In the summer of 1976, Anatoly Karpov travelled to Manila, Philippines to participate in the Marlboro-Loyola Kings Challenge chess tournament. He was joined by (in order of Elo) Ljubomir Ljubojevic (2620) from Yugoslavia, Walter Browne (2585) from the United States, and Eugenio Torre (2505) from the Philippines for a double-round robin event. Ljubojevic, Browne and Torre had just finished the Manila Interzonal (1976). The average rating of the players qualified the tournament as a Category XV event.
The result was surprising and momentous due to the inspired play of Torre. Not only did he defeat the world champion in the second round, but he went on to finish clear first ahead of Karpov, a feat no one had yet accomplished since the latter had become World Champion. His success in the tournament earned Torre a place in history.
Manila, Philippines, 13-21 July 1976
Original collection: Game Collection: Manila 1976, by User: suenteus po 147.
1 Torre ** 1½ ½1 1½ 4½
2 Karpov 0½ ** 1½ ½½ 3
3 Ljubojevic ½0 0½ ** ½1 2½
4 Browne 0½ ½½ ½0 ** 2
| page 1 of 1; 12 games
|1. Browne vs Karpov
||½-½||15||1976||Manila||E17 Queen's Indian|
|2. Ljubojevic vs E Torre
|| ||½-½||23||1976||Manila||B92 Sicilian, Najdorf, Opocensky Variation|
|3. Karpov vs E Torre
||0-1||48||1976||Manila||B67 Sicilian, Richter-Rauzer Attack, 7...a6 Defense, 8...Bd7|
|4. Browne vs Ljubojevic
|| ||½-½||27||1976||Manila||D52 Queen's Gambit Declined|
|5. Ljubojevic vs Karpov
||0-1||42||1976||Manila||C95 Ruy Lopez, Closed, Breyer|
|6. E Torre vs Browne
||1-0||87||1976||Manila||B97 Sicilian, Najdorf|
|7. Karpov vs Browne
||½-½||28||1976||Manila||B92 Sicilian, Najdorf, Opocensky Variation|
|8. E Torre vs Ljubojevic
|9. Ljubojevic vs Browne
|| ||1-0||36||1976||Manila||B99 Sicilian, Najdorf, 7...Be7 Main line|
|10. E Torre vs Karpov
|11. Karpov vs Ljubojevic
|| ||½-½||21||1976||Manila||A30 English, Symmetrical|
|12. Browne vs E Torre
|| ||½-½||56||1976||Manila||E81 King's Indian, Samisch||
TIP: You can make the above ads go away by registering a free account!
|Mar-02-13|| ||Eggman: Most impressive for Torre, by far the lowest rated player, to get a plus score against each opponent and finished clear first by a point and a half.|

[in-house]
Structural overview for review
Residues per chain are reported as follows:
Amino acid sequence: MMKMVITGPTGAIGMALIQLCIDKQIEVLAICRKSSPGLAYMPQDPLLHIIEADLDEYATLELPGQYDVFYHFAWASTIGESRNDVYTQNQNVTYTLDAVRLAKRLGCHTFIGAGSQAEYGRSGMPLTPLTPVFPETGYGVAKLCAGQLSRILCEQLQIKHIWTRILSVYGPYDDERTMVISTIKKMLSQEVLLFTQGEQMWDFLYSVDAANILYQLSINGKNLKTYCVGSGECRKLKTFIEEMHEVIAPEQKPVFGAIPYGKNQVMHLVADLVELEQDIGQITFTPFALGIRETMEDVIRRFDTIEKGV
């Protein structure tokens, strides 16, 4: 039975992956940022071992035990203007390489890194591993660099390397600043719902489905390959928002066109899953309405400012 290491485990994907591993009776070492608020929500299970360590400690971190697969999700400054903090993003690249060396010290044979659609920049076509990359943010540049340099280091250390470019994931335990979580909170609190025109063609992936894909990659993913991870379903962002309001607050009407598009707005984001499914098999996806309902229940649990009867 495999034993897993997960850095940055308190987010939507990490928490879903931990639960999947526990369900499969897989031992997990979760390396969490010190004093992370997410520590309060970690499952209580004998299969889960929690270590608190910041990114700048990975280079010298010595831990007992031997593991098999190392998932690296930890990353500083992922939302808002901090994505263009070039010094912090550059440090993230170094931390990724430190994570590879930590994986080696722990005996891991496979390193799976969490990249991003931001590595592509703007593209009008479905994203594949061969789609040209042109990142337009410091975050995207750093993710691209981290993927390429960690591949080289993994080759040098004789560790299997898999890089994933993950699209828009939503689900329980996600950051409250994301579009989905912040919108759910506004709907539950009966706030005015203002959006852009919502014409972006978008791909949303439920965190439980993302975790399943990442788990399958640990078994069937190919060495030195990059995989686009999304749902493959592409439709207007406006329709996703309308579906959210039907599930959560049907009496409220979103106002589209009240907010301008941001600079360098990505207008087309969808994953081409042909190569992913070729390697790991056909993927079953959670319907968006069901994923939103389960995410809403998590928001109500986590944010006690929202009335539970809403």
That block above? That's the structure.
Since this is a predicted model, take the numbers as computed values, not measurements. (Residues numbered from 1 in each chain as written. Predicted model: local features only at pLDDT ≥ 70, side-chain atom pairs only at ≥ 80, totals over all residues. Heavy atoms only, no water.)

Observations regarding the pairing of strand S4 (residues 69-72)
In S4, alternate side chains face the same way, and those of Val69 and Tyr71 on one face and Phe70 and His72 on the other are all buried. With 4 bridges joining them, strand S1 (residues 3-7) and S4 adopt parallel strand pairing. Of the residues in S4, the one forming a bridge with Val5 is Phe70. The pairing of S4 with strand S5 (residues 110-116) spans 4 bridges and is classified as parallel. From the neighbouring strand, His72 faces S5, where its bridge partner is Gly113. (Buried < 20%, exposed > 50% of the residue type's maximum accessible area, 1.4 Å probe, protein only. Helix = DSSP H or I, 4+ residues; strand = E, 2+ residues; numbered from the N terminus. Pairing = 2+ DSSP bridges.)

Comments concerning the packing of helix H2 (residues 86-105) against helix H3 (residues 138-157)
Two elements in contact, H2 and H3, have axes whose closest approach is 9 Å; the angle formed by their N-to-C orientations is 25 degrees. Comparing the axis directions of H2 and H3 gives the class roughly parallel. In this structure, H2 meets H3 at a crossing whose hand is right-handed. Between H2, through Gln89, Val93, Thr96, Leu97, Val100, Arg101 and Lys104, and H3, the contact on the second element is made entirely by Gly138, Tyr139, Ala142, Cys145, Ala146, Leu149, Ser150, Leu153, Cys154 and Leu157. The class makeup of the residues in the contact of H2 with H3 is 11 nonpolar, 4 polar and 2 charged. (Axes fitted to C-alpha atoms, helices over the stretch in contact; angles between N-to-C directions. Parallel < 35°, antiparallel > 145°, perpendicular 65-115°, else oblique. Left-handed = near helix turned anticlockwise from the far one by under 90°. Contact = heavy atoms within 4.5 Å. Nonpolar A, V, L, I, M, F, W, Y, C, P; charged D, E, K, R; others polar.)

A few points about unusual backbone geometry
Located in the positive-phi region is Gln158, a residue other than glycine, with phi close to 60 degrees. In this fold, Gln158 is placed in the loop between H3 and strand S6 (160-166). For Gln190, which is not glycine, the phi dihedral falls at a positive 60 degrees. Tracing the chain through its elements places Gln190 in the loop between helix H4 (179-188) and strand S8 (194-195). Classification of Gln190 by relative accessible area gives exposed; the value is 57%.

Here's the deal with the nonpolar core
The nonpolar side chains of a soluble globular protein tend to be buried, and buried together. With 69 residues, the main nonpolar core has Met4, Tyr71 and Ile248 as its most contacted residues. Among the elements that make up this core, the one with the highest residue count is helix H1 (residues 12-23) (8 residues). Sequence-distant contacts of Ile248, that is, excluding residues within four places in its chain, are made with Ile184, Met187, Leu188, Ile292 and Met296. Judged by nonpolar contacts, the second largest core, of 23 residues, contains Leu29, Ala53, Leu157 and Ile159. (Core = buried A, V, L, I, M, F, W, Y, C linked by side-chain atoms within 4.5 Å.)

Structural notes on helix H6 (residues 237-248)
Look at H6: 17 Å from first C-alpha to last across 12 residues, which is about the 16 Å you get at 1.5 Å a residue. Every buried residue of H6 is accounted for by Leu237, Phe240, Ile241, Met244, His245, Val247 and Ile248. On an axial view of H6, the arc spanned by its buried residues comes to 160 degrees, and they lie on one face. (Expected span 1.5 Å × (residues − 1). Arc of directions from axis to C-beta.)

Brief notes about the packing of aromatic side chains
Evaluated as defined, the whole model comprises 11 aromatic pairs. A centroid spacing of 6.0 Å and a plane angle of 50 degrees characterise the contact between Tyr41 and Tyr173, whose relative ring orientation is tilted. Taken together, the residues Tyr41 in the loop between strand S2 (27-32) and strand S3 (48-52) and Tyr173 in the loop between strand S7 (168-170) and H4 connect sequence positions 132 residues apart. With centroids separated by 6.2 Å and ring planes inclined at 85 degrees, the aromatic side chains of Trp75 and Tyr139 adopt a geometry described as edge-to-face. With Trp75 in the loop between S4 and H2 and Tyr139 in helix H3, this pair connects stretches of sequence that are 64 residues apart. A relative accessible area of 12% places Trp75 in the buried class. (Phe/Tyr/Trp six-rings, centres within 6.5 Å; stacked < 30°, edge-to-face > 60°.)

|Mar-02-13|| ||torrefan: My brod was not just "a local chess master" at that time. He was already a GM, having become one two years before in the nice Olympiad.|
|Mar-02-13|| ||Absentee: <Eggman: Most impressive for Torre, by far the lowest rated player, to get a plus score against each opponent and finished clear first by a point and a half.>|
And beating Karpov with Black, too.
|Mar-02-13|| ||torrefan: He had victories against all of them, if I may add. And he was undefeated too. A truly magnificent performance.|
|Mar-02-13|| ||torrefan: He was also the handsomest among the four. He was at his peak at that time, both physically and mentally. Beautiful women were pawing him everywhere he went.|
|Mar-02-13|| ||Phony Benoni: <torrefan> You're right about Torre already being a GM. I've changed the introduction accordingly.|
|Mar-02-13|| ||torrefan: Change it some more Phony Benoni. The description "a Grandmaster from the Philippines" gives the false impression that Torre at that time was just one of the several GMs the country has. No. He was the Philippines's ONLY Gm at that time.|
|Mar-02-13|| ||Absentee: Since we're nitpicking, "ELO" should be "Elo". :)|
|Mar-02-13|| ||Phony Benoni: <torrefan> I can grasp the point you're trying to make, but that is not the way I understand the statement. To my mind, "a Grandmaster from the Philippines" makes no assertion about quantity, but simply specifies that the person is a Grandmaster and comes from the Philippines.|
These introductions were originally written by the member who compiled the collection in the first place. I have no problem with correcting factual errors (such as Torre being a grandmaster before the tournament), but hesitate to make stylistic changes.
Nevertheless, I have made an exception and revised the introduction a little more thoroughly.
|Mar-02-13|| ||torrefan: thank you very much <Phony Benoni>!|
|Jan-13-14|| ||Tabanus: <traveled to Manila> |
Torre, Ljubojevic and Browne had just played in the Manila Interzonal (1976) which ended July 10.
Spot an error? Please suggest your correction and help us eliminate database mistakes!
NOTE: You need to pick a username and password to post a reply.
Getting your account takes less than a minute, totally anonymous,
and 100% free--plus, it
entitles you to features otherwise unavailable.
Pick your username now and join the chessgames community!
If you already have an account, you should
Please observe our posting guidelines:
- No obscene, racist, sexist, or profane language.
- No spamming, advertising, or duplicating posts.
- No personal attacks against other members.
- Nothing in violation of United States law.
- No posting personal information of members.
See something that violates our rules? Blow the whistle and inform an administrator.
NOTE: Keep all discussion on the topic of this page.
This forum is for this specific tournament and nothing else. If you want to discuss chess in general, or
this site, you might try the Kibitzer's Café.
posted by Chessgames members do not necessarily represent the views of Chessgames.com, its employees, or sponsors.|
your profile |
Premium Membership |
Kibitzer's Café |
Biographer's Bistro |
new kibitzing |
Tournament Index |
Player Directory |
Notable Games |
World Chess Championships |
Opening Explorer |
Guess the Move |
Game Collections |
ChessBookie Game |
Chessgames Challenge |
privacy notice |
Copyright 2001-2017, Chessgames Services LLC